When the Soviets launched Sputnik in 1958, alarmed U.S. citizens worried that their nation was losing its technological edge. In response, the federal government created the Defense Advanced Research Projects Agency (DARPA) to stimulate major advances in the space, defense and information sectors. Now more than 50 years later, the U.S. faces three new Sputnik-like challenges, but in another domain: energy and the environment.
Confronting the nation’s increased dependence on foreign oil, substantial contribution to atmospheric greenhouse gases and declining share of the global energy technology market, the government last year created the Advanced Research Projects Agency-Energy (ARPA-E), its only agency devoted to transformational energy research and development. In a Presidential Lecture on Energy and Sustainability on Sept. 29 at the Boston University Photonics Center, ARPA-E Director Arun Majumdar underscored the urgent need to stimulate clean energy innovation and investment.
“If we don’t find alternatives, we have a problem, because energy innovation is at the core of our national, economic and environmental security,” he said. “This is the DNA of our nation and we have to address this aggressively.”
To that end, ARPA-E is funding 37 energy innovation projects (each receiving an average of $4 million and lasting two to three years) aimed at advancing “game-changing” technologies—bold new solutions that render existing approaches obsolete. Noting the powerful impact that about a dozen game-changing technologies, from artificial fertilizers to the polio vaccine to antibiotics, had on seemingly intractable problems of the 20th century, Majumdar asked the audience to imagine the equivalent of all of those innovations occurring in the next 20 years.
A Bold Agenda
By that time, ARPA-E leaders hope the agency will have helped enable solar electricity generation to cost less than fossil-fuel-based production; a smart grid that considerably reduces fossil energy consumption and encourages increased renewable energy production; economical carbon capture and utilization technologies; cheaper, more powerful car batteries; transportation fuels from sunlight, carbon dioxide and/or agricultural waste that cost lower than petroleum; a 50 to 80 percent reduction in energy consumption in homes and buildings; low-cost desalination of water; and low-cost and safe nuclear energy.
“Given where we are today in the energy sector, we’d better be going after these game changers,” said Majumdar, “because business as usual is not going to get us there.”
The first ARPA-E projects go far beyond business as usual. They include efforts to convert plant cellulose to biofuels more efficiently and cost-effectively; increase electric power storage capability on the grid; develop a turbine that captures more energy from the wind; produce a battery for electric and hybrid-electric vehicles that packs 2.5 times the energy density of today’s batteries at one-fourth the cost; enable low-cost carbon capture at coal-fired power plants; and develop low-cost, higher performing power electronics for computers, solid state lighting and many other applications.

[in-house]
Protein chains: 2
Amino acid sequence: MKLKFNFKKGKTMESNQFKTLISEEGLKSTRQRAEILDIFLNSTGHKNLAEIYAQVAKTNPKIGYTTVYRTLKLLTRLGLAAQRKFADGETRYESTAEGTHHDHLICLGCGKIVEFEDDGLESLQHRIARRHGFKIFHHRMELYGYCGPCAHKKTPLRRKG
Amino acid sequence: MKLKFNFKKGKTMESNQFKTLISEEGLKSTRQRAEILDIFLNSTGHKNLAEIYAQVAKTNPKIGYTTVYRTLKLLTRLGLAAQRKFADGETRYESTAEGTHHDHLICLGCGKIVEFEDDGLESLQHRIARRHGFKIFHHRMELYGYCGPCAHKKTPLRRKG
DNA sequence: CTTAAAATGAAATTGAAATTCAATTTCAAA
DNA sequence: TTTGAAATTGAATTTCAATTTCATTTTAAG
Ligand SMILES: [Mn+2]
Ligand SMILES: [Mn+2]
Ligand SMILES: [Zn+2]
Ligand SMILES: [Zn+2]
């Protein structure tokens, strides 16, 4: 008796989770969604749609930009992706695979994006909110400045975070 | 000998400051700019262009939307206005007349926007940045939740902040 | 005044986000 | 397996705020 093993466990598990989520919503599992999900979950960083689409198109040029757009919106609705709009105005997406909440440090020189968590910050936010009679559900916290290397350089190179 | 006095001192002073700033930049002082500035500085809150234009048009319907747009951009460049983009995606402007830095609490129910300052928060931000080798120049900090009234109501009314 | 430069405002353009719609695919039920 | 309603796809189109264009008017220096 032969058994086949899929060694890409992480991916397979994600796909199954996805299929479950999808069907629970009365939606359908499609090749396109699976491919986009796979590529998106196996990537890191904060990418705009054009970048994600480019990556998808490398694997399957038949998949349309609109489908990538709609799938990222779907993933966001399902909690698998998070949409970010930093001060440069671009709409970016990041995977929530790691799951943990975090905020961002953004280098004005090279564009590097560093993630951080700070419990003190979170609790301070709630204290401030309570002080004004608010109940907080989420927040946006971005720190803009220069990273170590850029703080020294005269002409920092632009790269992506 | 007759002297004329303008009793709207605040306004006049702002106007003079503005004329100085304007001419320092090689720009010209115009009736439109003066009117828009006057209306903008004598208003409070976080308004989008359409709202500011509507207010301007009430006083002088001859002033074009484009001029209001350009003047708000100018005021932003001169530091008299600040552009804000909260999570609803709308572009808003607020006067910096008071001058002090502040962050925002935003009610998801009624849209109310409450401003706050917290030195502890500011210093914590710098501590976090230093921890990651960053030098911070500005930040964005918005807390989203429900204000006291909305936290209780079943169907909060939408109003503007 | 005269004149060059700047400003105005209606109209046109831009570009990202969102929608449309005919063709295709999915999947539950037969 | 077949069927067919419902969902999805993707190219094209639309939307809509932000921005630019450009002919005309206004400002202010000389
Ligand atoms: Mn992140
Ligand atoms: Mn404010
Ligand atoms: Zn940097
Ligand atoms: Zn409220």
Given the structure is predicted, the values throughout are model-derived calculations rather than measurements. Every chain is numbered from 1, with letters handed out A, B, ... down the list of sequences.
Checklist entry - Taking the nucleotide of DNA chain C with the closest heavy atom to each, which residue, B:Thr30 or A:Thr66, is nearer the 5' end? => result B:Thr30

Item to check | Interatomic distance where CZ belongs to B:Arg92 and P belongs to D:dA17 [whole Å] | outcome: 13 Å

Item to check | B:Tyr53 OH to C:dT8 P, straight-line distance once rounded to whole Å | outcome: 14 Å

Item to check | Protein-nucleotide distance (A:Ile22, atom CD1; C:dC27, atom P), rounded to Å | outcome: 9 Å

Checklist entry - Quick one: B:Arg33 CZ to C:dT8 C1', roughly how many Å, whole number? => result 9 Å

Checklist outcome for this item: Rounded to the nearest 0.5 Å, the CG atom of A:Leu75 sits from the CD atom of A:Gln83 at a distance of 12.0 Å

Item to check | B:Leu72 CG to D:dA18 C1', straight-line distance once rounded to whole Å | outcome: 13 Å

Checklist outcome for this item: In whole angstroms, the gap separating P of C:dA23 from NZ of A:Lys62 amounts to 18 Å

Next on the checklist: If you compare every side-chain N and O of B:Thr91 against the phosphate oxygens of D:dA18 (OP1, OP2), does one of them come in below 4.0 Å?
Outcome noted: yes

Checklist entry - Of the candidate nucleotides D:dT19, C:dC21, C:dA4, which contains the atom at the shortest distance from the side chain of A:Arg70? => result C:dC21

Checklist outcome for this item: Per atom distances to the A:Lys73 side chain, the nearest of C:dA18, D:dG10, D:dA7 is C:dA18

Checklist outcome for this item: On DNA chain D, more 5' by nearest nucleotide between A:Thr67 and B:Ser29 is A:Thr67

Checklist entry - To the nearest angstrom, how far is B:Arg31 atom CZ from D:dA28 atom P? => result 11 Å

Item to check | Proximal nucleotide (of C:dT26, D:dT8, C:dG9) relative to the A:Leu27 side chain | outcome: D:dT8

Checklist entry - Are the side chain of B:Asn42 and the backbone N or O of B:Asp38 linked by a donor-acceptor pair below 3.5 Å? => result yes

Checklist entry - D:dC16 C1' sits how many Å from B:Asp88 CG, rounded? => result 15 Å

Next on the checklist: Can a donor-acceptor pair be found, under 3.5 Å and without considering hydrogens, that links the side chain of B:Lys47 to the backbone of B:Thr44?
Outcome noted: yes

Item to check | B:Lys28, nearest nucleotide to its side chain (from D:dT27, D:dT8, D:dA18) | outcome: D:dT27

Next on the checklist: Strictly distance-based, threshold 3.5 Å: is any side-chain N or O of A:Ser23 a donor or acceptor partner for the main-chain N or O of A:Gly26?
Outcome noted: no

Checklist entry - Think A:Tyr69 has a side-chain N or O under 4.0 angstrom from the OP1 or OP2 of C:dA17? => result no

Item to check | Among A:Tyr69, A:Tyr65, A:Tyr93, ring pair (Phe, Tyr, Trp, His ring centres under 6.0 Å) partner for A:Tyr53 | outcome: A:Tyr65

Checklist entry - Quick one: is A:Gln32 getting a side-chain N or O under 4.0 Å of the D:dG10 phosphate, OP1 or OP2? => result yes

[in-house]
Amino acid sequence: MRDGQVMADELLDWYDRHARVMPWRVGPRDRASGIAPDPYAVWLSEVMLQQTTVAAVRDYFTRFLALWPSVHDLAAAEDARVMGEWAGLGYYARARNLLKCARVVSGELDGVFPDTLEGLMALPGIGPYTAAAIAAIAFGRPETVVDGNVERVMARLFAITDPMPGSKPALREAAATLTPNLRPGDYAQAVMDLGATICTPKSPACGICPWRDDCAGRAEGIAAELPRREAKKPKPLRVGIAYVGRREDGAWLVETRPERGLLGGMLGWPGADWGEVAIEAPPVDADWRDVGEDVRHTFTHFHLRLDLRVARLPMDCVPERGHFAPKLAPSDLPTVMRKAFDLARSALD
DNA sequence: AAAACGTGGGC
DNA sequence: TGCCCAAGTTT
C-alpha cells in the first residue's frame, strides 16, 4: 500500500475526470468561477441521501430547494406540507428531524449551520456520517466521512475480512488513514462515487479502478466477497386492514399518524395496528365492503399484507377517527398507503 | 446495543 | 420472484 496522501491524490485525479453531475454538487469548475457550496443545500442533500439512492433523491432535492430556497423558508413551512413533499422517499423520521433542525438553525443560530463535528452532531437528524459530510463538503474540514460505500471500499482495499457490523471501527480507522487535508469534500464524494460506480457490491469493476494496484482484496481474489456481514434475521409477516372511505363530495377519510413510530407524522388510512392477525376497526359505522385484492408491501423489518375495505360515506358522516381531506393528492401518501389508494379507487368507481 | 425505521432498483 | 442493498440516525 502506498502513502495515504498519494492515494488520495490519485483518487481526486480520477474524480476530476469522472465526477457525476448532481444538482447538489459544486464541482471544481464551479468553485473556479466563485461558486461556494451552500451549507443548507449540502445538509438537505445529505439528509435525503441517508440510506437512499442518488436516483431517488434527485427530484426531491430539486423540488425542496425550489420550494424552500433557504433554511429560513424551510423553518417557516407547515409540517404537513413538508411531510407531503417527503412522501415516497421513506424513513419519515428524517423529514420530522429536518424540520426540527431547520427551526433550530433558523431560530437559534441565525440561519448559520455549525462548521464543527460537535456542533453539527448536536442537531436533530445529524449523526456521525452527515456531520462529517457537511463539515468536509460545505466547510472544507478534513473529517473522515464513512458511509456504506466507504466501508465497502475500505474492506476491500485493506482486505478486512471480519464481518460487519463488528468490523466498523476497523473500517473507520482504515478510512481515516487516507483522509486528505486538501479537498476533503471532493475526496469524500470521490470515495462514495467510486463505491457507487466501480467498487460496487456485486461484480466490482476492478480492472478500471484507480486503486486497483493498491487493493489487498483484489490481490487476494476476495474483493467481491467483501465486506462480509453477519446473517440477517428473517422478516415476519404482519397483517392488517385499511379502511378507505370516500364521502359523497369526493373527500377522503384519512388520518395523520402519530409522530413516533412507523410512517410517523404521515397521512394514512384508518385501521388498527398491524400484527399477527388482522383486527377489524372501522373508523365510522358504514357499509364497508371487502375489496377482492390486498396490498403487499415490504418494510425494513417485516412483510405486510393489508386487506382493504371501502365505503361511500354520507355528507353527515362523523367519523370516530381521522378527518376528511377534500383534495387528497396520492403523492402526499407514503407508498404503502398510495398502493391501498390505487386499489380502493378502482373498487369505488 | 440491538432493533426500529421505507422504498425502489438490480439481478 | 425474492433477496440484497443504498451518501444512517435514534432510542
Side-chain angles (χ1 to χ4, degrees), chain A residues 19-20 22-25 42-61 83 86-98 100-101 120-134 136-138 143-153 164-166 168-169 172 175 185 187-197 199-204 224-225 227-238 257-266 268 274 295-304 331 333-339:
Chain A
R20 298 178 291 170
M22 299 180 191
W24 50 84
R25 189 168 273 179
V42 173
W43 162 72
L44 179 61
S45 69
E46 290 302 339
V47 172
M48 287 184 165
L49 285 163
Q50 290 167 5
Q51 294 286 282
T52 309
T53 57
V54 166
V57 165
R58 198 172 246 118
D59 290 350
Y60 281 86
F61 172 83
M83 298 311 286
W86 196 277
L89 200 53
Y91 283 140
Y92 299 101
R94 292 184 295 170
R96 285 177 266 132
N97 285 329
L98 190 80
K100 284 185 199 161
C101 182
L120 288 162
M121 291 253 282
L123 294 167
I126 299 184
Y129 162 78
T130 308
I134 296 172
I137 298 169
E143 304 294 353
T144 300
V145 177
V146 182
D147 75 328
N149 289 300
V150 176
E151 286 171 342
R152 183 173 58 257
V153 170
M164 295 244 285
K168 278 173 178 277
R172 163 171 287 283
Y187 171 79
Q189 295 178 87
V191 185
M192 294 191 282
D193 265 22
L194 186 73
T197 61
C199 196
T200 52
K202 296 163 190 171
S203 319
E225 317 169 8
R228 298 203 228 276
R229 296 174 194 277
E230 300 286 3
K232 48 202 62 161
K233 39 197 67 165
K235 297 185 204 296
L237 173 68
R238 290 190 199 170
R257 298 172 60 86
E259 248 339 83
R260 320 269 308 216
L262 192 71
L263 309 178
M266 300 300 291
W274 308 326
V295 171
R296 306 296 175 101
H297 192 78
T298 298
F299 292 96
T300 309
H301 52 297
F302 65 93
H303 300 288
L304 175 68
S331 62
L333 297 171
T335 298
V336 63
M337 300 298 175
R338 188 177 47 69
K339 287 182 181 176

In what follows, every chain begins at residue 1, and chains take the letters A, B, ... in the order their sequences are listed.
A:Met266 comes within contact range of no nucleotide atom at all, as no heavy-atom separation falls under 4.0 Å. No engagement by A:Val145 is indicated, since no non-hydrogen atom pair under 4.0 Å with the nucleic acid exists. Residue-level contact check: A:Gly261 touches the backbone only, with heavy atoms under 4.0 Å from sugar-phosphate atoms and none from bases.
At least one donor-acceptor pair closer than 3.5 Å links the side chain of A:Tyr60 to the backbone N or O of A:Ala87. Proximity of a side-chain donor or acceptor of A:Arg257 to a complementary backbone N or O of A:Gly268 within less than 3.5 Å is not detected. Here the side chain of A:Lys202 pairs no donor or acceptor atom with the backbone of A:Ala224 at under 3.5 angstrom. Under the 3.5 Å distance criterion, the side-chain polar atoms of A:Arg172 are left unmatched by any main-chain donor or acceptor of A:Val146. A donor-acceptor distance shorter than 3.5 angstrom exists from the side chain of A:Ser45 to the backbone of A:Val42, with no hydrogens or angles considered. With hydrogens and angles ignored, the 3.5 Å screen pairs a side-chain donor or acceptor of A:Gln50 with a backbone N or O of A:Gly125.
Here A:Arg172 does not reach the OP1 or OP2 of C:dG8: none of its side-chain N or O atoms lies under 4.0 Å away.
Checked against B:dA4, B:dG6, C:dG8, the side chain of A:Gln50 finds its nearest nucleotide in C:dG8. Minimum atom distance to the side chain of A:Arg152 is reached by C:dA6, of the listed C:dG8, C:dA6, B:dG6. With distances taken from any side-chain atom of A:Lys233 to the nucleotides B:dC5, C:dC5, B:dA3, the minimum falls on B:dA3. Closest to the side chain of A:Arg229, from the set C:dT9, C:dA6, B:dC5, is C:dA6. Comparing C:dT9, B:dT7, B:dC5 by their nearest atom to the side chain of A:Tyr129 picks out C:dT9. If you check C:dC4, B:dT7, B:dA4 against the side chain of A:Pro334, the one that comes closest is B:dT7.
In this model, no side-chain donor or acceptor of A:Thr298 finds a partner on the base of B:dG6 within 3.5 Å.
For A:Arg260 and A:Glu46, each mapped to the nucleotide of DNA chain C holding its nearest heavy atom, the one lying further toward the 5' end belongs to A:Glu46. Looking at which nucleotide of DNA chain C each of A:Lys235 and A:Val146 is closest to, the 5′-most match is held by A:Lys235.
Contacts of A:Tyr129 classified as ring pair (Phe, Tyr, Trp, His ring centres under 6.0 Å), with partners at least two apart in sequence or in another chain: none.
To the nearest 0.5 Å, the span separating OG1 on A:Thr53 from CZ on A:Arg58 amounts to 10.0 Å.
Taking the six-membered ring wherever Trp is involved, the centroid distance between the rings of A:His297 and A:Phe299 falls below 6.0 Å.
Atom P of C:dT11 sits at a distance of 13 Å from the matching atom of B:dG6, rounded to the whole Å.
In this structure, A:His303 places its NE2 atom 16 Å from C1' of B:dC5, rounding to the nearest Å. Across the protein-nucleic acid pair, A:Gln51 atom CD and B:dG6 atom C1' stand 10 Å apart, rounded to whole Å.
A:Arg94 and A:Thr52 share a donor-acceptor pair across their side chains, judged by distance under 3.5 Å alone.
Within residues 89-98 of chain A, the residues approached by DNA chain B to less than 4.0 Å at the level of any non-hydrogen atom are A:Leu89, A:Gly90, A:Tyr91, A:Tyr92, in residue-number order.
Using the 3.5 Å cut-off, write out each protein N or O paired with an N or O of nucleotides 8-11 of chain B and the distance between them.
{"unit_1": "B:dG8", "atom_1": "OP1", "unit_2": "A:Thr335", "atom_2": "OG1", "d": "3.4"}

Engaging the Next Generation
These and other ARPA-E projects seek to spark technological breakthroughs and commercial investment that will enable this and future generations of U.S. citizens to reduce their energy consumption without changing their lifestyle, and to accommodate increased energy demand without negatively impacting the environment.
In addition to sponsoring projects to develop disruptive energy technologies, the agency has created the ARPA-E Fellows program, a think tank for young scientists, engineers and entrepreneurs focused on new energy technology and business strategies, and organized activities to engage high school and college students in this work.
“I know that here and at many other campuses, students are really excited about energy and the environment, and that’s the future,” said Majumdar. “I haven’t seen this kind of excitement and passion anywhere in the world.”
Majumdar’s presentation was sponsored by the BU Clean Energy and Environmental Sustainability Initiative (CEESI), a collaboration of six Colleges and Schools at BU, including the College of Engineering, which hosted the event. CEESI faculty members, many based at the College of Engineering, are leading cross-disciplinary and world-class research efforts on problems such as the smart grid, the hydrogen economy, green manufacturing and smart lighting.